Out of the eight parishes which held elections, there are now 12 female douzeniers and 16 men.
St Peter Port and St Martin’s both deferred their elections until Wednesday 18 November so that polling stations can be set up and voting will not be limited to just those at the parish meeting.
Across the island there were packed halls for the douzaine elections.
In St Martin’s, which usually struggles to attract 20 people to parish meetings, there was a record turnout of 140.
Senior constable Jeff Wilkes-Green said the changes to the general election have reinvigorated the parochial elections, and people recognise that serving on the douzaine is a meaningful way to improve day-to-day living.
‘It must be down to the issues raised by island-wide voting and people are generating more interest in parish affairs, which is most welcome.’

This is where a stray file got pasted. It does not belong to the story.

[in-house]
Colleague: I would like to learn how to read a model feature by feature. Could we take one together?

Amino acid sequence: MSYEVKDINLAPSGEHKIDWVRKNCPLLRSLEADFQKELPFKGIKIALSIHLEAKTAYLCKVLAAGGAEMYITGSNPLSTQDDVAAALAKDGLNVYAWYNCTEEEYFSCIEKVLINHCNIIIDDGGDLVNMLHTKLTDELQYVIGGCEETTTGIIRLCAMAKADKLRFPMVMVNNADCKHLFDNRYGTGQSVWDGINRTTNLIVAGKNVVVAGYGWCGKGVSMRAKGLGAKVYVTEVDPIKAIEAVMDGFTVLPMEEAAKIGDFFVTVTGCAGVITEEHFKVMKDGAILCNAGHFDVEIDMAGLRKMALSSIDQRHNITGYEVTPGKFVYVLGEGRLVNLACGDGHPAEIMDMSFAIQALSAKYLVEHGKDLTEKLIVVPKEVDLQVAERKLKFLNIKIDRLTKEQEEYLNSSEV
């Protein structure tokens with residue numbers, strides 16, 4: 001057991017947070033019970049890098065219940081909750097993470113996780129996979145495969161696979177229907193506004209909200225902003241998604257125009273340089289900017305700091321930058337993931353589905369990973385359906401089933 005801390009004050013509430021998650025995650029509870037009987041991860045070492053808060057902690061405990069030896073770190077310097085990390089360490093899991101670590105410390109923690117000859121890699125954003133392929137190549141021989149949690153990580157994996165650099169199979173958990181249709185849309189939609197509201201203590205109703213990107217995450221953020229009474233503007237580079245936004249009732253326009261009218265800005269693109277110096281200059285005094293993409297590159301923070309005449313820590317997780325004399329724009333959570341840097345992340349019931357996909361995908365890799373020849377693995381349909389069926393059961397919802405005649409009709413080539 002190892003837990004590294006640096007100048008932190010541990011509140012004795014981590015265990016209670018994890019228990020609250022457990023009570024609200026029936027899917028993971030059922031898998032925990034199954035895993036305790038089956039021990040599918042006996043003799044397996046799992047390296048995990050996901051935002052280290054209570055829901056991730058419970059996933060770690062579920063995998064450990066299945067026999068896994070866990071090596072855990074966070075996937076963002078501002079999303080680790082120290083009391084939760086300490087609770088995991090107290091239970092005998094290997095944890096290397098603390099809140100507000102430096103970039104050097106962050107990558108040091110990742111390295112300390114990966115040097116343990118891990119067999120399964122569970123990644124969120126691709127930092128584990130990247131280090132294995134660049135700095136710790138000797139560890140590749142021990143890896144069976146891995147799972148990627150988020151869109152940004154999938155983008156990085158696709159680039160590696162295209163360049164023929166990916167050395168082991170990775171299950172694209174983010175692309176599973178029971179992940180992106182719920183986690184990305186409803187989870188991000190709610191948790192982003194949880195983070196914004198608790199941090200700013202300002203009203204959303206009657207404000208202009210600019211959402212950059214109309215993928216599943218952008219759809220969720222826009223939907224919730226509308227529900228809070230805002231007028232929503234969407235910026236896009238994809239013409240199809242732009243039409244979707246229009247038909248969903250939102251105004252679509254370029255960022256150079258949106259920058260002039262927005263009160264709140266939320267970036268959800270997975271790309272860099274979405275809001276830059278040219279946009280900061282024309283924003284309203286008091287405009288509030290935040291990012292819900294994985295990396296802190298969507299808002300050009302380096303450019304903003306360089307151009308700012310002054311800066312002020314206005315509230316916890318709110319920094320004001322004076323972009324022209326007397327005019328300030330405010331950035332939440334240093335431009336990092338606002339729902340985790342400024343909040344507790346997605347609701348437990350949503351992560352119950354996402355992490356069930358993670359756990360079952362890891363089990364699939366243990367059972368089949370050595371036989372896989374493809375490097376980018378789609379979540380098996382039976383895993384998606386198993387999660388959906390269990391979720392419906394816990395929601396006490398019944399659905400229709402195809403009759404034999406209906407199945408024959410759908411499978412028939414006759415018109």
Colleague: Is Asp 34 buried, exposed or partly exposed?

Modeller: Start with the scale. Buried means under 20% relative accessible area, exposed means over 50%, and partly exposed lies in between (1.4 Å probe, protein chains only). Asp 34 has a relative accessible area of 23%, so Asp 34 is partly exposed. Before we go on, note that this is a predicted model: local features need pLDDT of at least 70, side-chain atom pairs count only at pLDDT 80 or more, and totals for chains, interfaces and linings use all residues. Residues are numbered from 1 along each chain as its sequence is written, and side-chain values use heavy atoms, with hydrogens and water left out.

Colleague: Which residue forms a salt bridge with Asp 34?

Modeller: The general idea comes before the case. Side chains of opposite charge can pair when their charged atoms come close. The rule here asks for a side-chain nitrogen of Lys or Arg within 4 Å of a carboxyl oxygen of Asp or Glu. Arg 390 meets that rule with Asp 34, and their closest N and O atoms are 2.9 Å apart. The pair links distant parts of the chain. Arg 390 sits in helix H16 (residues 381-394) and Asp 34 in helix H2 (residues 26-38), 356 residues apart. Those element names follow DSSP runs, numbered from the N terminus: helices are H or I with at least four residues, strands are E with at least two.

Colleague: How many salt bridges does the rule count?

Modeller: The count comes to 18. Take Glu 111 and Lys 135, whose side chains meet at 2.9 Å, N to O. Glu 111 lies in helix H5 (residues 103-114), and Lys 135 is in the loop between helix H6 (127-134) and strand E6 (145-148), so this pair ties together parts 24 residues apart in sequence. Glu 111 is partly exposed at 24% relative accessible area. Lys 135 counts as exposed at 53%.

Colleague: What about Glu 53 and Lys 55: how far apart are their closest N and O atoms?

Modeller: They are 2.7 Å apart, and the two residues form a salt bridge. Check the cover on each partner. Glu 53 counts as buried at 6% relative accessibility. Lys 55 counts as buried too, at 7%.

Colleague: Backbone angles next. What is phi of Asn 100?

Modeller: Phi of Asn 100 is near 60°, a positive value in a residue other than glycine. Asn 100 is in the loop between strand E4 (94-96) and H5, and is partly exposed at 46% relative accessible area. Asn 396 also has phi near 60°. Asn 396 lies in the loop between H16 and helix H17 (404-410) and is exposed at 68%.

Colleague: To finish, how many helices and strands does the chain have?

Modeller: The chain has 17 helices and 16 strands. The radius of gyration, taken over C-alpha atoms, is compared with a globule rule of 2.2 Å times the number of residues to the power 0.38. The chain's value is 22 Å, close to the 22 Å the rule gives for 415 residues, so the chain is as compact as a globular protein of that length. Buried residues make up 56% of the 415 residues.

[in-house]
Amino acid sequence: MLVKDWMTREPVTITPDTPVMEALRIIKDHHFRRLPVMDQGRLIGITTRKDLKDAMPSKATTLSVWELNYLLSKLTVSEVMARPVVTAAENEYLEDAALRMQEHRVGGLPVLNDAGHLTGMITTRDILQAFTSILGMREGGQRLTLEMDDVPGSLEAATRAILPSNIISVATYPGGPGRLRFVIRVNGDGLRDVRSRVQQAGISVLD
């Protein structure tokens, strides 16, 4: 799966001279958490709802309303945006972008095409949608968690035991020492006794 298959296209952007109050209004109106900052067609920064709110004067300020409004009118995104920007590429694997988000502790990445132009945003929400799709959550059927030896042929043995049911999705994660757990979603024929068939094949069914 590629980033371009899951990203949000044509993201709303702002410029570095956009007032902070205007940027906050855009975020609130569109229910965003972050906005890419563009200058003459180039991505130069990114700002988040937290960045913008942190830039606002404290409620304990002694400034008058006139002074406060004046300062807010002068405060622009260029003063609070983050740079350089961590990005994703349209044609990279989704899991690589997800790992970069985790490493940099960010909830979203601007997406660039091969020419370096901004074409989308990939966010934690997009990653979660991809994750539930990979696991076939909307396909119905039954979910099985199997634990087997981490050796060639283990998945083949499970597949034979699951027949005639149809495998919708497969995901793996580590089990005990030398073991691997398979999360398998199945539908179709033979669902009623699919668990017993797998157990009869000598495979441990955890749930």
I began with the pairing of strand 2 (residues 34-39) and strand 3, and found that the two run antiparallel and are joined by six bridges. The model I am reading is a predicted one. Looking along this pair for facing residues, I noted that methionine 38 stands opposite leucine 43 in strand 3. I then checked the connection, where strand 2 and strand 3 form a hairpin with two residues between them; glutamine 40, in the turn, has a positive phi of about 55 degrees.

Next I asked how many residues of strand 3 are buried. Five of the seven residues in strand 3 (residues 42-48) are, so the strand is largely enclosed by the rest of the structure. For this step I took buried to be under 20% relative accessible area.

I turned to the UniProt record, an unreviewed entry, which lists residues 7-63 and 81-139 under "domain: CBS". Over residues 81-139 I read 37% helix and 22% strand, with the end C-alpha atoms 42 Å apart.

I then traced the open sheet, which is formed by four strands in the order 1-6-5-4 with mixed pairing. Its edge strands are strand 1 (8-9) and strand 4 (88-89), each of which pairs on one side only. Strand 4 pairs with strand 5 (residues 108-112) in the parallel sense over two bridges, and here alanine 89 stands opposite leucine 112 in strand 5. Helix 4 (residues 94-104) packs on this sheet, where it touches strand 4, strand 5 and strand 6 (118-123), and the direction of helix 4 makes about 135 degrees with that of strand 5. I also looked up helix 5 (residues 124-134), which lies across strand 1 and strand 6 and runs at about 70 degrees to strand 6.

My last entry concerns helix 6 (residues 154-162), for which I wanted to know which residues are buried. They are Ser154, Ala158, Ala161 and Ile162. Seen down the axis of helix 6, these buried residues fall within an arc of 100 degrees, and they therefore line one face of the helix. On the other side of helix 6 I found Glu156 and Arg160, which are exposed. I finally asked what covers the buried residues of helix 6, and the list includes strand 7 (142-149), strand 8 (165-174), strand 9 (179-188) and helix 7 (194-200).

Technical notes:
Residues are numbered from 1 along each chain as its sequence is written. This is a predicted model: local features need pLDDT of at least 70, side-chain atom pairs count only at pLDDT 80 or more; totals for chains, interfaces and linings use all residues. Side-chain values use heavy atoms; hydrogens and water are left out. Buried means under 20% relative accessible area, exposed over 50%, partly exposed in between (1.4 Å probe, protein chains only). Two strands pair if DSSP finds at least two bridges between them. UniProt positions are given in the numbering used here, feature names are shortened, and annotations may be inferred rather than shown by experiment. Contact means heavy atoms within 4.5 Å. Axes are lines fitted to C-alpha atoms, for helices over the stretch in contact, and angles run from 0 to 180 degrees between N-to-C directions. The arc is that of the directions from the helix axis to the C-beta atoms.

Last year there was only one parish election which had more candidates than seats, but this year there were due to be five contested douzaine elections, although a last-minute drop-out meant that was reduced to four.
St Sampson’s had the most drama of the night because there were 12 candidates chasing four seats, and there were two recounts and one tie-break.
Eventually Julie Creed, Kim Abbotts and Jennifer Marquand were elected, alongside existing douzenier Dave Hugo.
The group Women in Public Life was set up earlier this year to encourage women to run for public office, and chairman Shelaine Green was delighted to see to many new candidates breaking through.
Out of the 19 new female candidates, nine were elected and eight are involved in the deferred elections.
Voting has to be in person in the deferred elections because there is no postal voting. The results are expected that night.